21 Jul 2015

Indigenous role unnecessarily replaced by conservation authorities

6:38 am on 21 July 2015

A new study says indigenous communities can be more effective at protecting natural resources than conservation authorities.

Mulaulalo Island in Solomon Islands Makira and UIawa Province.

Mulaulalo Island in Solomon Islands Makira and UIawa Province. Once in danger of over harvesting and deforestation the island has been a conservation area since 2010 thanks to a Community Initiative of the Po'onapaina and Tawarodo Tribes of Ulawa Ugi. Photo: RNZI Courtesy of Rhona Marita

The report, by scientists at the Centre for International Forestry Research, says indigenous communities take the role of conservation groups when formal authorities are absent.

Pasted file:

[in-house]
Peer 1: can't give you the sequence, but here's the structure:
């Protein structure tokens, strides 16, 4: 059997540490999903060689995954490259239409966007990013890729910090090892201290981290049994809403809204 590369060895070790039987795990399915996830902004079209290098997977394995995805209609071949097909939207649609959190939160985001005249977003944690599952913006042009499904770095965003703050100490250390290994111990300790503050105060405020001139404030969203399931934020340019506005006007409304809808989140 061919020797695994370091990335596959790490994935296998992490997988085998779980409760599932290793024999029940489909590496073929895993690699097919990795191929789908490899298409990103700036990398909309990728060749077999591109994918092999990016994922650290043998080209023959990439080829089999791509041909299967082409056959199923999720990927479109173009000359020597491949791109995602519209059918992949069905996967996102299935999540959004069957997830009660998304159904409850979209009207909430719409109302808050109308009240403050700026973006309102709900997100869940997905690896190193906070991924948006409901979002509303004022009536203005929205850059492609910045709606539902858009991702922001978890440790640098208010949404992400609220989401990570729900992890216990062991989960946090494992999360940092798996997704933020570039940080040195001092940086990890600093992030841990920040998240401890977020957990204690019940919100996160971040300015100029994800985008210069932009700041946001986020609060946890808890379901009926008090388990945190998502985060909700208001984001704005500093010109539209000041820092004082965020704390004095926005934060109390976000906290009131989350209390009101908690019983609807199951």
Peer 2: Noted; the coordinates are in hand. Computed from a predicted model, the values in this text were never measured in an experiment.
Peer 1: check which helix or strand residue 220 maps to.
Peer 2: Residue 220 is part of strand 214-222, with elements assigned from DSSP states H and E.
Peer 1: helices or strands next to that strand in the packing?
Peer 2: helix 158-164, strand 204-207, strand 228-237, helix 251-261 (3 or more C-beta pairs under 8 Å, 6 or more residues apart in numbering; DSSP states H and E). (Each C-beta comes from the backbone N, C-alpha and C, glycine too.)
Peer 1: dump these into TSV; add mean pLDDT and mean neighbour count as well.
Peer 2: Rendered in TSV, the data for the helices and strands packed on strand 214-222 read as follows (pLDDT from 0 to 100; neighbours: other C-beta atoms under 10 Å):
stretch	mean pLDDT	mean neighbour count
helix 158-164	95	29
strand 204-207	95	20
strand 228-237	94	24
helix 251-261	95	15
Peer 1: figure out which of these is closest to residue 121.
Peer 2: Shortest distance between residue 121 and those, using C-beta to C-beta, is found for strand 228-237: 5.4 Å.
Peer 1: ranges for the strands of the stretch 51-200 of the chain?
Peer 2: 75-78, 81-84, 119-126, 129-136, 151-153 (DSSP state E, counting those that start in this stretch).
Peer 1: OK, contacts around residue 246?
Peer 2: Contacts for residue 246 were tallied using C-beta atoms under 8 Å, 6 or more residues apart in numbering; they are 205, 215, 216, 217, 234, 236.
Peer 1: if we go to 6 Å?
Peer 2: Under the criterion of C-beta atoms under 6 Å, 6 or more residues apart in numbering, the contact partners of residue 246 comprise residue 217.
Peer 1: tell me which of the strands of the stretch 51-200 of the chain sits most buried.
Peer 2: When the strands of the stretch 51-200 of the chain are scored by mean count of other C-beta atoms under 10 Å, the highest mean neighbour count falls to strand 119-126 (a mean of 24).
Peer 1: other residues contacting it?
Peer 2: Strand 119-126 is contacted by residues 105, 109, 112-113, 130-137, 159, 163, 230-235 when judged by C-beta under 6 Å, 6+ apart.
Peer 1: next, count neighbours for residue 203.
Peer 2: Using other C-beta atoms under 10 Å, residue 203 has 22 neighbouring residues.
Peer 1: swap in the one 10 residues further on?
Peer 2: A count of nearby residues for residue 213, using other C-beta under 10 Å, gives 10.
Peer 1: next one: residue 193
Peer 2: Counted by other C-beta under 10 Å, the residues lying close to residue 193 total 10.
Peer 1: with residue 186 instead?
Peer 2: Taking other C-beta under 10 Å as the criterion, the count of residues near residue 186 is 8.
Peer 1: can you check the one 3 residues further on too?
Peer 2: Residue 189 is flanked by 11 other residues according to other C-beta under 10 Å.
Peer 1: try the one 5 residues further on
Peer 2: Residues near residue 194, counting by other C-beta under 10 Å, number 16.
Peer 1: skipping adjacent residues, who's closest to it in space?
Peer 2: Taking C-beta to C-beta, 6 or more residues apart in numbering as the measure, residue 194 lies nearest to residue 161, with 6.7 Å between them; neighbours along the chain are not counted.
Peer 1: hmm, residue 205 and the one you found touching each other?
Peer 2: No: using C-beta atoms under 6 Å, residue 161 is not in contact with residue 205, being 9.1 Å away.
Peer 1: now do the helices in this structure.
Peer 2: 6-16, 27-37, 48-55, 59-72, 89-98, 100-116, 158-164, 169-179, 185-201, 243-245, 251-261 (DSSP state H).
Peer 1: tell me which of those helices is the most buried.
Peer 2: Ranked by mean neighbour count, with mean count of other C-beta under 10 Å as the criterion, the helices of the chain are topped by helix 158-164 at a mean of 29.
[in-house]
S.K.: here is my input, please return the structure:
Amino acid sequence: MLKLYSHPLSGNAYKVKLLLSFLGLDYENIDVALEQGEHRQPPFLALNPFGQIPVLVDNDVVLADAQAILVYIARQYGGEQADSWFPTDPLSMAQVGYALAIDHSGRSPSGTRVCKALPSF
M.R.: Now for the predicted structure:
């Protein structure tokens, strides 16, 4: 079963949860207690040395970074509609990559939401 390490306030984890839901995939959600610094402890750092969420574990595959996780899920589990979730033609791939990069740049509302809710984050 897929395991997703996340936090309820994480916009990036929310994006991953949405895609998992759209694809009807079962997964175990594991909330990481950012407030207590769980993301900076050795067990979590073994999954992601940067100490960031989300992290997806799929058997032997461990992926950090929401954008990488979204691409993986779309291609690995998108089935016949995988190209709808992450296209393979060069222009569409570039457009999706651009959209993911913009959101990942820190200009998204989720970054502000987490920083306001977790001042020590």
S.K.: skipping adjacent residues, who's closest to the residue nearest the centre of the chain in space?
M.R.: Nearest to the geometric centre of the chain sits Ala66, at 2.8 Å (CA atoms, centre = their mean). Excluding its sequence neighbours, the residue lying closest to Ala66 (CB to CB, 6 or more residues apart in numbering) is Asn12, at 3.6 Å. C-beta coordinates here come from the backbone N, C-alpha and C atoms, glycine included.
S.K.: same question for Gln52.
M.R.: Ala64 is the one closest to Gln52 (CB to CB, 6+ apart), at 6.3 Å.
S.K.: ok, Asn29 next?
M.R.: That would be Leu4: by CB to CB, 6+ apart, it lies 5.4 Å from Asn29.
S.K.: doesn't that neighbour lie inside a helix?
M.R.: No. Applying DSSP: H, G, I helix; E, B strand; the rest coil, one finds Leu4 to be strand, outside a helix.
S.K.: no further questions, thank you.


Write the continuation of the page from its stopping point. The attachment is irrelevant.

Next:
One of the studies authors, Douglas Sheil, says it highlights how local protection is often undermined as authorities do not recognise the conservation work already going on.

He says many communities are forcibly removed from protected areas, which he says is a missed opportunity to support work they're already doing.

Mr Sheil says there is a risk that effective indigenous conservation may be replaced by protected areas that are inadequately managed by under-funded government authorities.